Tuesday, 22 February 2011

How To Make Cake Pops

How To Make Cake PopsBy Jason Hatch

Cake pops are one of the treats kids love! They prefer these sugary delights served up on their birthdays and even when their friends stop by for a sleepover. Cake pops are not just for kids either. People of all ages can enjoy them.

This type of cake is actually very trouble-free to create. It may be a little bit overwhelming, but once you get familiar with it you will surely have them on your table in no time. You just have to gather all the ingredients needed and voila! You will surely have instant dessert in no time!

If you want to make cake pops then you can easily find a number of recipes around the Internet that would assist you in preparing this delicious dessert. There are additionally tons of recipe books that you can obtain from online shops and bookstores. This delight will surely make your kids grateful and even those young at heart will definitely find this sugary delight enjoyable! So to give you a good start I will share with you several of the simplest recipes for this sugary delight.

Here are a couple of the recipes for cake pops.

Candy Melts Cake Pops
Here are the ingredients you need:

1 small package cake mix of your choosing, 1 can frosting of your preference, 1 bag candy melts or chocolate bark, sucker sticks and a Styrofoam block

Here are the instructions:

1. Bake one 13x9 cake according to its package and let it cool on the rack. Break up the cake after it is cooled and blend 1 can of frosting. Refrigerate the combination for 15 minutes.
2. Remove the creation from the fridge and shape them into bite-sized balls. Pop all the balls into the sucker sticks then set them all back in the fridge for fifteen minutes.
3. Dissolve your candy melts or chocolate bars whilst pops are in the fridge. Some prefer the candy melts because they typically come in assorted shades.
4. After fifteen minutes, take out the pops from the fridge. Immerse each of them on the melted candy melts or chocolate melts.
5. Place in the stick on the Styrofoam blocks and let them to harden there before you serve your pops.

Decorated Cake Pops
Here the ingredients you need:

1 box carton yellow cake mix, 1 can tin vanilla frosting, 1 bag paper bag candy melts or chocolate bark, sucker sticks, a Styrofoam block and some decorated bedecked candies and sprinkles

Here are the directions:

1. Prepare and bake one yellow 13x9 cake according to its carton and let it cool on the holder. Break up the yellow cake after it gets cooled and blend 1 can of vanilla frosting. Refrigerate the yellow cake combination for 15 minutes.
2. Remove the yellow cake combination from the fridge and form them into bite-sized balls. Place all the yellow cake balls into the sucker sticks then place the entire group back in the fridge for another fifteen minutes.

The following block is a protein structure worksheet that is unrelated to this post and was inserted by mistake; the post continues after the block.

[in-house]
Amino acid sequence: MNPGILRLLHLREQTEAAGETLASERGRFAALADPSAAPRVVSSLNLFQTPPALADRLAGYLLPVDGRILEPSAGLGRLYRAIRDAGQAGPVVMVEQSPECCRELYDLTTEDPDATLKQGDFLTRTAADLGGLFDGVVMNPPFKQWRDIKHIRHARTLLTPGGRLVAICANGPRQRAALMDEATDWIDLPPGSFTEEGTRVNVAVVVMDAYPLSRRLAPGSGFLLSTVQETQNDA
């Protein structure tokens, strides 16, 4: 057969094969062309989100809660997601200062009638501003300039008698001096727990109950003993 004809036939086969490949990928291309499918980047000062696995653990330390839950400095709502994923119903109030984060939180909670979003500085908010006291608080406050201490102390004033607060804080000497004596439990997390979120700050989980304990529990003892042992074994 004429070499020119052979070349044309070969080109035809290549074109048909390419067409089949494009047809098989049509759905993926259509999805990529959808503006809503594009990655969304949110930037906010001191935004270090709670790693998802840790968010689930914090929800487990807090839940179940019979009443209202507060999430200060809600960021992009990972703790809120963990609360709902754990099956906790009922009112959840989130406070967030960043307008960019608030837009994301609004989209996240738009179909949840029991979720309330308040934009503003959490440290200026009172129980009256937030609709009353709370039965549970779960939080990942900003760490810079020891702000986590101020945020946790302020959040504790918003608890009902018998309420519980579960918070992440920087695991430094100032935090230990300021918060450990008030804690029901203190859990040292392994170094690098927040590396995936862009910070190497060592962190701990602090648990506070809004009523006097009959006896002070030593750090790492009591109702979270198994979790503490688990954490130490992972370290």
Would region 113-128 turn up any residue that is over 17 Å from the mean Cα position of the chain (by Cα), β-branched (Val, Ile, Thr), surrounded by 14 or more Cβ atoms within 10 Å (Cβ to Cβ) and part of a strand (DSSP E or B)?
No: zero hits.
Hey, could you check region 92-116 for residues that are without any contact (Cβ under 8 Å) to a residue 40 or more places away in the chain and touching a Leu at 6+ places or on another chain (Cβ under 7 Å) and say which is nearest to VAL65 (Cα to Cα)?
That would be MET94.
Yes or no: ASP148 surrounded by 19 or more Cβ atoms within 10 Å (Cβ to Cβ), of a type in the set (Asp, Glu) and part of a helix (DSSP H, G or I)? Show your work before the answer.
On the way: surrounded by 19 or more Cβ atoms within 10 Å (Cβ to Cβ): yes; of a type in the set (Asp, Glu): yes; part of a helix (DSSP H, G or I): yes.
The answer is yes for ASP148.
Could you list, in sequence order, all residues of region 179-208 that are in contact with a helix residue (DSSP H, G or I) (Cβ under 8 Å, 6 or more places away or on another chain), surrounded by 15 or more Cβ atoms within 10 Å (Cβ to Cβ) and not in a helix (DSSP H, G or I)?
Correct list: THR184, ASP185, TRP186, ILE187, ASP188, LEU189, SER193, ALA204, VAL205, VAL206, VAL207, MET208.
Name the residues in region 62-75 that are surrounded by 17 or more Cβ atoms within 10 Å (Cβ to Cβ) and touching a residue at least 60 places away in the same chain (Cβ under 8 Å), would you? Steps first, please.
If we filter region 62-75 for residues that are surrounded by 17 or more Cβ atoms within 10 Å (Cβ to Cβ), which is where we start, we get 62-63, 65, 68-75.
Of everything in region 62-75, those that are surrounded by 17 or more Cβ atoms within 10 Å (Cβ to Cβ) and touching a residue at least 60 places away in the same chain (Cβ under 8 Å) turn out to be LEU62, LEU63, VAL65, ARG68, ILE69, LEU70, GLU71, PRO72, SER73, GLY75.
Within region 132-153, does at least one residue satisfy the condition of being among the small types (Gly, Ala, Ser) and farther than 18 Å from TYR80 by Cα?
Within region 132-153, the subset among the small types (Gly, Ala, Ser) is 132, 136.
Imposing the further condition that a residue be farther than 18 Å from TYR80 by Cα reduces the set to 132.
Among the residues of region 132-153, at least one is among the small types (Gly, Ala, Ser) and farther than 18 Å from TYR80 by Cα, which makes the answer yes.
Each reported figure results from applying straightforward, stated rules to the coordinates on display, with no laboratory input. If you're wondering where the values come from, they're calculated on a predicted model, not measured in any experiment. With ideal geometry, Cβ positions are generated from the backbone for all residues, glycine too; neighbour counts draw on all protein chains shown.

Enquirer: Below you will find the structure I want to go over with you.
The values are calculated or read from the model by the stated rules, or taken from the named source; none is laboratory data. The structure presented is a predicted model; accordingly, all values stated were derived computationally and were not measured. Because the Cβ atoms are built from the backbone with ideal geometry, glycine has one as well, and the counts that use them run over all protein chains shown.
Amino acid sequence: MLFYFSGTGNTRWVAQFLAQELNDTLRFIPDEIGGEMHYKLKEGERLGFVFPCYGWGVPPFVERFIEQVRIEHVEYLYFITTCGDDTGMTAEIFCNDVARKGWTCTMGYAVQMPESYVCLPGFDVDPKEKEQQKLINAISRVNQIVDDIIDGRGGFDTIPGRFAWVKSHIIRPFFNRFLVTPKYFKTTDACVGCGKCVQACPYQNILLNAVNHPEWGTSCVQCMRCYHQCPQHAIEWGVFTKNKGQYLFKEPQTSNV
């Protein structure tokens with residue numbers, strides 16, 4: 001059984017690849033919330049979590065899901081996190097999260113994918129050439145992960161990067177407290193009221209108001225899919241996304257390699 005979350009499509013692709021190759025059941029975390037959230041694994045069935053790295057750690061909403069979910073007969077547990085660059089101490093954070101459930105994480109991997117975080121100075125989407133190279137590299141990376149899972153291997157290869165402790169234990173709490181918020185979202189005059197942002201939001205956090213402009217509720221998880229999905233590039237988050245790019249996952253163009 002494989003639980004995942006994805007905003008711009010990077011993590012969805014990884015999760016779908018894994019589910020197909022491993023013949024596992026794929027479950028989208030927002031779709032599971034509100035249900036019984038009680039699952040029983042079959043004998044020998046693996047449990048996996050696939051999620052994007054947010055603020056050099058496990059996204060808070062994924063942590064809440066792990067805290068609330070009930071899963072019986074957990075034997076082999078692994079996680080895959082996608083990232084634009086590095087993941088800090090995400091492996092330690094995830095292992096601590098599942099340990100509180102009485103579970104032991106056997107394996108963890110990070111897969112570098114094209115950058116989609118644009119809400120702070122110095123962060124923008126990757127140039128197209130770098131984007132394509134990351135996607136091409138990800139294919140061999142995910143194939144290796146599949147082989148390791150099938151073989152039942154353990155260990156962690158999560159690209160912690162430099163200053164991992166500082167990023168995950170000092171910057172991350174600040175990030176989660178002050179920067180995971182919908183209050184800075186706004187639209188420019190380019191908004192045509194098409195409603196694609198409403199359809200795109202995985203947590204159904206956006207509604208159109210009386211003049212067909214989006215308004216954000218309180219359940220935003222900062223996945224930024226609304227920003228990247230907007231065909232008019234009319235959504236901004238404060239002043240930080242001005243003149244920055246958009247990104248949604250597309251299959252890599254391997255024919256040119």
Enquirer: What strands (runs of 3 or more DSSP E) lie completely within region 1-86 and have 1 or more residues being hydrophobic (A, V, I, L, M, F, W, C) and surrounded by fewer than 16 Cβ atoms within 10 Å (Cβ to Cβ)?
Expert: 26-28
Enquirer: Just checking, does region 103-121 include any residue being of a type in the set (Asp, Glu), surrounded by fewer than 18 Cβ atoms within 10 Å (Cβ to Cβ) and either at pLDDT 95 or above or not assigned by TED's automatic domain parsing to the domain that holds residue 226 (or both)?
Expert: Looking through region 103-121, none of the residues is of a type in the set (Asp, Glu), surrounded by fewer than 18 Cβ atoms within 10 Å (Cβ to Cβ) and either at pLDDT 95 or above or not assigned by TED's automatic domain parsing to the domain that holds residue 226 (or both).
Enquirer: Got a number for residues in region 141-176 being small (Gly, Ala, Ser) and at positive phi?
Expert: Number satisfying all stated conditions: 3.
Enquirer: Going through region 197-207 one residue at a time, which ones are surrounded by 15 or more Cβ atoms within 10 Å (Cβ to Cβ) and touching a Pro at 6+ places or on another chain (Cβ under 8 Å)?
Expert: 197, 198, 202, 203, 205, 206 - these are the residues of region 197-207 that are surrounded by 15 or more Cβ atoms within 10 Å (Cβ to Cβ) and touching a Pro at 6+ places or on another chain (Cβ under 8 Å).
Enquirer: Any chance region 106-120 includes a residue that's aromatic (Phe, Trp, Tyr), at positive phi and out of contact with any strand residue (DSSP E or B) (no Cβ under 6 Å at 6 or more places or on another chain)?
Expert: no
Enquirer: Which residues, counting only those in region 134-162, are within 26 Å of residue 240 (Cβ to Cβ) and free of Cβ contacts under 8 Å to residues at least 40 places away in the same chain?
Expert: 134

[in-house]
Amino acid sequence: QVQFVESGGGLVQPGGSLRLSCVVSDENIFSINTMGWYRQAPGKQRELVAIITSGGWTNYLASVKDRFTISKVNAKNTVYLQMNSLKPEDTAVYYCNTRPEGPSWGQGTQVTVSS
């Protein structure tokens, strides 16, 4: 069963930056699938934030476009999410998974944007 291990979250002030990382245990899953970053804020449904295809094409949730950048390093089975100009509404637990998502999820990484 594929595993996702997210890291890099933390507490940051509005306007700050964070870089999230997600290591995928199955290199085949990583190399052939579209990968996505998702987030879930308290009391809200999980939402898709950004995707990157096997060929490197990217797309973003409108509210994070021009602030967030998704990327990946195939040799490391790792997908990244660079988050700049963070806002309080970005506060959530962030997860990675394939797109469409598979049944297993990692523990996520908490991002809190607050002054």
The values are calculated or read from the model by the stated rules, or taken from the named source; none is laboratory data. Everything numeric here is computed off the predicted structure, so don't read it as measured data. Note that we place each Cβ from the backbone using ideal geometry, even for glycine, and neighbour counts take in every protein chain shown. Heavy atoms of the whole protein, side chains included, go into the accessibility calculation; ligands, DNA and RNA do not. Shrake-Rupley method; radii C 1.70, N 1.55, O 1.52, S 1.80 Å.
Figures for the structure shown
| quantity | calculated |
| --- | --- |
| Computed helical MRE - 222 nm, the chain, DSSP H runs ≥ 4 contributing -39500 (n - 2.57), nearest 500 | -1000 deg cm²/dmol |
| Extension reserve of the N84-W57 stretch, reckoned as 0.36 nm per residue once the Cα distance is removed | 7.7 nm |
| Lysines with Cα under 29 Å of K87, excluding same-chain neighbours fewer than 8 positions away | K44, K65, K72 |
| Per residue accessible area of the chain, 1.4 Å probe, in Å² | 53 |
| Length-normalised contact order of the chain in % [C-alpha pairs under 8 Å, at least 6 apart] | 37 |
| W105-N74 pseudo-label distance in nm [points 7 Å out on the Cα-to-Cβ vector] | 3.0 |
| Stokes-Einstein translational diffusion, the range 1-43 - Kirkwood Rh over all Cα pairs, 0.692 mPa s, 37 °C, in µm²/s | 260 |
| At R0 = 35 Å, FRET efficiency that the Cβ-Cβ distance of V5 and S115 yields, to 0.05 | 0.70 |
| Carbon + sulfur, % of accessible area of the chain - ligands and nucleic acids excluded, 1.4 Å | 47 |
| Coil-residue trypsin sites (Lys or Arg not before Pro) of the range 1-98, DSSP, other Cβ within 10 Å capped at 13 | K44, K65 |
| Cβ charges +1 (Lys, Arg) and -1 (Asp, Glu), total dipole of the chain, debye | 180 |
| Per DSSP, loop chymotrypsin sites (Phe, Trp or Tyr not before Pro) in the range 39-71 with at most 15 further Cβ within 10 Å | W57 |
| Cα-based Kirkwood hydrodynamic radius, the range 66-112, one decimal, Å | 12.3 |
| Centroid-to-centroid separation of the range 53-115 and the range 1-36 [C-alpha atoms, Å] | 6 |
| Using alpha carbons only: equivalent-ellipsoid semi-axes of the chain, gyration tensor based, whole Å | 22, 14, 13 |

3. Dissolve your candy melts or chocolate bars while pops are cooling in the fridge. Some prefer the candy melts since they generally come in different flavors and shades.
4. After fifteen minutes, take out the chilled pops from the fridge. Immerse all of them on the melted candy melts or chocolate melts. Set a few decorations on it. You can make a feature on it if you want or some creature face also.
5. Place the stick on the Styrofoam block and allow them to harden there before you hand out your sweet pops.

These cake pops recipes will certainly be loved by kids and kids at heart!

Craved Cupcakes offers a variety of cake pops, cupcakes, and cookies to order online. Next time you need a sugar fix, think Craved Cupcakes.

How To Make A Tutu Skirt In Less Than 30 Minutes

By Valerie Longhurst

If you are looking for a quick and easy gift for a young girl's birthday or you have a little dancer at home, you can benefit from learning how to make a tutu skirt. There is actually a simple method that requires no sewing and takes about a half hour. Then she can play dress up and dance for hours looking pretty.

How to Make a Tutu Skirt

Once you have your tutu completed, your daughter, or your child's friend, can enjoy it as a costume for Halloween, wear it to ballet class, practice dancing, or use it to play dress up. Thankfully, it is not complicated at all and there is absolutely no sewing required. You can certainly make more than one in an hour or two.

You will need a durable material for the waist, such as an elastic band or a thick, strong ribbon. Make sure it is wide and strong enough to hold on your little one's waist when she is moving around.

The major material for the tutu will be tulle. Cut the pieces into the size that you need to fit your girl. To make a nice full tutu, use twice as much tulle and fold it in half. You will leave the folded end at the bottom and make a knot at the open ends to your support band or ribbon. Make sure that you don't crimp the band and keep the knots even and very close together. For a professional and boutique quality look, you don't want to leave any space in between the knots. If you do choose to leave some space in between, make sure that it is a very small gap and that it is even all the way around.